10 African Fabrics You Should Know

Africans have always been known to stand out around the world, from our beautiful brown skin to our vibrant personalities. From its prints, patterns, textures, and grains, our outfits are also one of our distinguishing characteristics. Unlike the popularised depiction of Africans as mostly unclothed in foreign movies, Africa had a very rich textile industry, as noted by Kankan Moussa’s entire delegation being clothed from woven cotton with golden threads in the 1300s during his pilgrimage.

Can you name a few African fabrics? Most people would only mention Ankara if asked. There are other African textiles we may have seen made into clothes, but we do not know their names. Here are 10 African fabrics you should know about. 


Traditionally worn by Xhosa women in South Africa. It is a stiff rustling cotton material used for important ceremonies and has become one of the main stitches in modern African clothing lines. The fabric is believed to be named after the Basotho king Moshoeshoe 1, while others believe the fabric was given to the king by French missionaries in the 1840s, hence the name Ishweshwe.


A popular African fabric in Ghana. By its name, derived from “Kenten” (basket), Kente is an intricately patterned fabric, hand-woven from cotton yarn in the same way as in a basket. No two Kente have the same pattern or the same meaning, and each has its own literal meaning.



A hand-woven cloth created by the Yoruba people of West Africa. Usually woven by men and women, the fabric is used to make men’s gowns, called agbada, and hats, called fila, as well as women’s wrappers, called iro and head tie, called Gele.

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The way of making the cloth has remained the same for centuries, however, new techniques and production methods have been looked into to eliminate the weight and thickness of the aso oke cloth, and to make it more accessible for casual wear.



A fabric native to Mali; whereby a cotton cloth is dyed in fermented clay to give it a brown colour. It is believed to enhance the protection of hunters who use it for camouflage while hunting; women in childbirth use it believing that it has healing powers.



A kikoi is a traditional rectangle of woven cloth originating from Africa. Considered a part of Swahili culture, the kikoi is mostly worn by the Maasai people of Kenya as well as men from Tanzania and Zanzibar.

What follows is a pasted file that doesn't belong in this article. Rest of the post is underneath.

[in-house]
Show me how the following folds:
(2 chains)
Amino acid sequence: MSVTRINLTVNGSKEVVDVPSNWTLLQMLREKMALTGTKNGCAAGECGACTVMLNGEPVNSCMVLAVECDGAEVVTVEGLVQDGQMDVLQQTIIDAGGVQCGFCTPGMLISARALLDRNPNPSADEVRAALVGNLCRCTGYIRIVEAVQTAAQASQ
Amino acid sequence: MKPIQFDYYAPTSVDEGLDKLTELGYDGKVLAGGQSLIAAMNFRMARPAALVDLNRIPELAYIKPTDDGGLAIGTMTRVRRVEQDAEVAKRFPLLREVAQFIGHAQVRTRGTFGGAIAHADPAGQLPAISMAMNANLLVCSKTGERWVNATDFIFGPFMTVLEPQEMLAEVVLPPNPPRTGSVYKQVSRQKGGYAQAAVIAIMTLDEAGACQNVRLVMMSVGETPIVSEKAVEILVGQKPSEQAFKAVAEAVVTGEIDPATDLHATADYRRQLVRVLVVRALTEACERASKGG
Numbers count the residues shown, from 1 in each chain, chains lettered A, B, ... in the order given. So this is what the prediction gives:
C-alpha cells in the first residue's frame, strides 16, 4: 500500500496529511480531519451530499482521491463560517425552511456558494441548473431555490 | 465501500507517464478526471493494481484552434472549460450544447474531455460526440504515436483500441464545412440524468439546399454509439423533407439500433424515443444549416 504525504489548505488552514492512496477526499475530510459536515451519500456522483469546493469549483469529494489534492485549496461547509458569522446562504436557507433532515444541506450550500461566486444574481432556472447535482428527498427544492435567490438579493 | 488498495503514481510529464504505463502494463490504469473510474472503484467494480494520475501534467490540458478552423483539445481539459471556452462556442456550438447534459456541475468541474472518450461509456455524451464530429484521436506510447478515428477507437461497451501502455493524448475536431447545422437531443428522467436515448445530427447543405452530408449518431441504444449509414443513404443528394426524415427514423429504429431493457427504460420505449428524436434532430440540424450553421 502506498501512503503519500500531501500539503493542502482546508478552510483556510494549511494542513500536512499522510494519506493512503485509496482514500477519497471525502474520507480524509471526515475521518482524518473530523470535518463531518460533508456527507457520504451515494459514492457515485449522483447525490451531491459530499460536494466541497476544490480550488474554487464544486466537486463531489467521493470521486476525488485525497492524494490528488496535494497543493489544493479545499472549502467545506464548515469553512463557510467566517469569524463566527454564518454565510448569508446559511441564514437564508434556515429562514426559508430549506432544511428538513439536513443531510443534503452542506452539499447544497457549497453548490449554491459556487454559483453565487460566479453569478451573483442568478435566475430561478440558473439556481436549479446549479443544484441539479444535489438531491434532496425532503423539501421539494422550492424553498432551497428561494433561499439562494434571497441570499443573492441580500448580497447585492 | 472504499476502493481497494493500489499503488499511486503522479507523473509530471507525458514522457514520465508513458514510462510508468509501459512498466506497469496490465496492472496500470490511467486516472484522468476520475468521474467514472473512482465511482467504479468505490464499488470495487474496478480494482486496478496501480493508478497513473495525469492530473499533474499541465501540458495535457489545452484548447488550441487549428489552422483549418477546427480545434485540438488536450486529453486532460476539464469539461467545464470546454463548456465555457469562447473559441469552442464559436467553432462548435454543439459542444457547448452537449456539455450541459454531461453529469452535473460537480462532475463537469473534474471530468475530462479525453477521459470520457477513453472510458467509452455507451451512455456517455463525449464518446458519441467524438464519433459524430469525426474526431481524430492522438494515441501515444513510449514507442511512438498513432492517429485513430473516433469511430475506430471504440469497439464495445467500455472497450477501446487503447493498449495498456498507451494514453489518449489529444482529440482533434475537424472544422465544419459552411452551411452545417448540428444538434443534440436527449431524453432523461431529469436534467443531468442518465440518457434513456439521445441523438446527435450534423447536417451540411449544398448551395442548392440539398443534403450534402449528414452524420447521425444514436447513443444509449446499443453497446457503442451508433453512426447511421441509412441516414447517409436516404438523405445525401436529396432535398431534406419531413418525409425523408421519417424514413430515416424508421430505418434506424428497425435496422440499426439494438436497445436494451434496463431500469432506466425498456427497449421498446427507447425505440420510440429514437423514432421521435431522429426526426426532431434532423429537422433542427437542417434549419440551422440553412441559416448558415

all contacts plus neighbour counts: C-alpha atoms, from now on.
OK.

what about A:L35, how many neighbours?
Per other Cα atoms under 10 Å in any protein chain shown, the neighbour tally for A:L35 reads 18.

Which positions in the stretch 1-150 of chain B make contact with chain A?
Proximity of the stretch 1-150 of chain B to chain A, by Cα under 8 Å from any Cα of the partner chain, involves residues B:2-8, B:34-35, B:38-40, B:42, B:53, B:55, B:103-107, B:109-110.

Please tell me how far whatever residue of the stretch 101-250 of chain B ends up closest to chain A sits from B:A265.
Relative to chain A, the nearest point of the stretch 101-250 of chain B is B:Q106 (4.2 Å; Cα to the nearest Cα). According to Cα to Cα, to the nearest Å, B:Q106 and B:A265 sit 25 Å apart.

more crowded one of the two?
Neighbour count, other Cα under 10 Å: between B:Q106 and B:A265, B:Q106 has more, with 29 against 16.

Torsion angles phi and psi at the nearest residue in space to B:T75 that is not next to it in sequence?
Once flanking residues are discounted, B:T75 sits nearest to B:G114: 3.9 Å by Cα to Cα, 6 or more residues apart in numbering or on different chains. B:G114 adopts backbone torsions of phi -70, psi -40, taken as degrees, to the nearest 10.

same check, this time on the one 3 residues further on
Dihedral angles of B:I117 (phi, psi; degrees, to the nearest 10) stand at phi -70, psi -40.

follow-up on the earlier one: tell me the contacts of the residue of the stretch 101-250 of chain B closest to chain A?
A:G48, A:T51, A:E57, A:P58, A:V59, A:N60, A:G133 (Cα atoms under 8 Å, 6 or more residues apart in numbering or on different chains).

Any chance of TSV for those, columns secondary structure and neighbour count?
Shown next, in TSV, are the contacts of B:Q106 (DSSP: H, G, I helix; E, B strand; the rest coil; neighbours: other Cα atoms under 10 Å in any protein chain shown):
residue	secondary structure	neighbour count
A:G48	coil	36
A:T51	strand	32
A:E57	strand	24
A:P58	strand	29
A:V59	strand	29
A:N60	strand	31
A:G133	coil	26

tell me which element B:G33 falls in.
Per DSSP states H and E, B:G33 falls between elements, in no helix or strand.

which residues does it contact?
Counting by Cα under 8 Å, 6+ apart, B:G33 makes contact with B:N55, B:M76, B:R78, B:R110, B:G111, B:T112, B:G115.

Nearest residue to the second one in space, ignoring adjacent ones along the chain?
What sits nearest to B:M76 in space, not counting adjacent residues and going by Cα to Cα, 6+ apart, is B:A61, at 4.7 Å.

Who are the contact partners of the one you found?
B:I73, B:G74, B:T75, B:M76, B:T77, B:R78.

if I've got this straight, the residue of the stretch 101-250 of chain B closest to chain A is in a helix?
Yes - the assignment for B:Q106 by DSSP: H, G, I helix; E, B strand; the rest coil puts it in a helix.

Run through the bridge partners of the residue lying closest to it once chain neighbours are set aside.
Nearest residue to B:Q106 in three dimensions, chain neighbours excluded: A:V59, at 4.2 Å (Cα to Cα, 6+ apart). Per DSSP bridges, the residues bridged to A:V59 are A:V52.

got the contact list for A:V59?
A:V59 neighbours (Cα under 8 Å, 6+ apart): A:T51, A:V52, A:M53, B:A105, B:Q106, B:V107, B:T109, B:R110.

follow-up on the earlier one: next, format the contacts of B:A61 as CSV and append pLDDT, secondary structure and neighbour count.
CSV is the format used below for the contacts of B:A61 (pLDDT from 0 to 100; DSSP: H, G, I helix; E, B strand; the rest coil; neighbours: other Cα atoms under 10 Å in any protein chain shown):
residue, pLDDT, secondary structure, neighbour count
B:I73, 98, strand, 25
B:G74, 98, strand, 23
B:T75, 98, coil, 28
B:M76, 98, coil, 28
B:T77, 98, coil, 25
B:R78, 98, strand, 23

In eastern Nigeria, the Igbo people weave this luxurious cloth from velvet or cotton. It is worn by the royal family on significant occasions such as weddings. In Igbo, Isi-Agu means “lion’s head.” This fabric is used to make long or short-sleeved pullover shirts. It was traditionally worn by men when they became chiefs of their tribes. To demonstrate the chieftain’s superiority, this robe is worn with a scarlet fez hat. It’s also paired with an Igbo leopard headgear.  In the modern period, Igbo women use these unique African printed fabrics in a variety of patterns for special occasions such as weddings.

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Distinctive to the Ugandan people. It is made from the inner bark of the Mutaba tree in the wet season. The process used for making this fabric is one of the oldest cloth-making techniques as it comes before weaving. The Ugandan people use barkcloth during funerals to respect the dead. Additionally, people use barkcloth as a skirt, loincloths, and wall hangings. Centuries ago, the royal family and influential people of the community also wore it.



Often red with black stripes, Shuka cloth is often known as the ‘African blanket’ and is worn by the Maasai people of East Africa. The Maasai are a semi-nomadic group of people from East Africa who are known for their unique way of life, as well as their cultural traditions and customs.  Living along the Great Rift Valley in Tanzania and Kenya. Shuka cloth is durable, strong, and thick which helps to protect the Maasai people from the harsh weather and terrain of the savannah. 



Indigo dyed cloth is produced by Yoruba women of Southwestern Nigeria using a variety of resist dye techniques. Adire translates as tie and dye, and the earliest cloths were probably simple tied designs on locally woven hand-spun cotton cloth. In the early decades of the twentieth century, the new access to large quantities of imported shirting material made possible by the spread of European textile merchants in certain Yoruba towns, notably Abeokuta, enabled women dyers to become both artists and entrepreneurs in a booming new medium.

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The Faso Dan Fani is a woven cotton cloth made in West Africa and is the national symbol of the landlocked country of Burkina Faso. The fabric is woven on a loom into 11-12″ wide strips, which can be used alone for runners, or as accent pieces on purses, totes, pillows, garments or other items.

When former president Thomas Sankara became president in 1983, the Faso dan Fani (FDF) became a national symbol. For the people of the West African nation of Burkina Faso, “dan Fani” is much more than just a fabric. Clothes made from it symbolise cultural identity and national pride.

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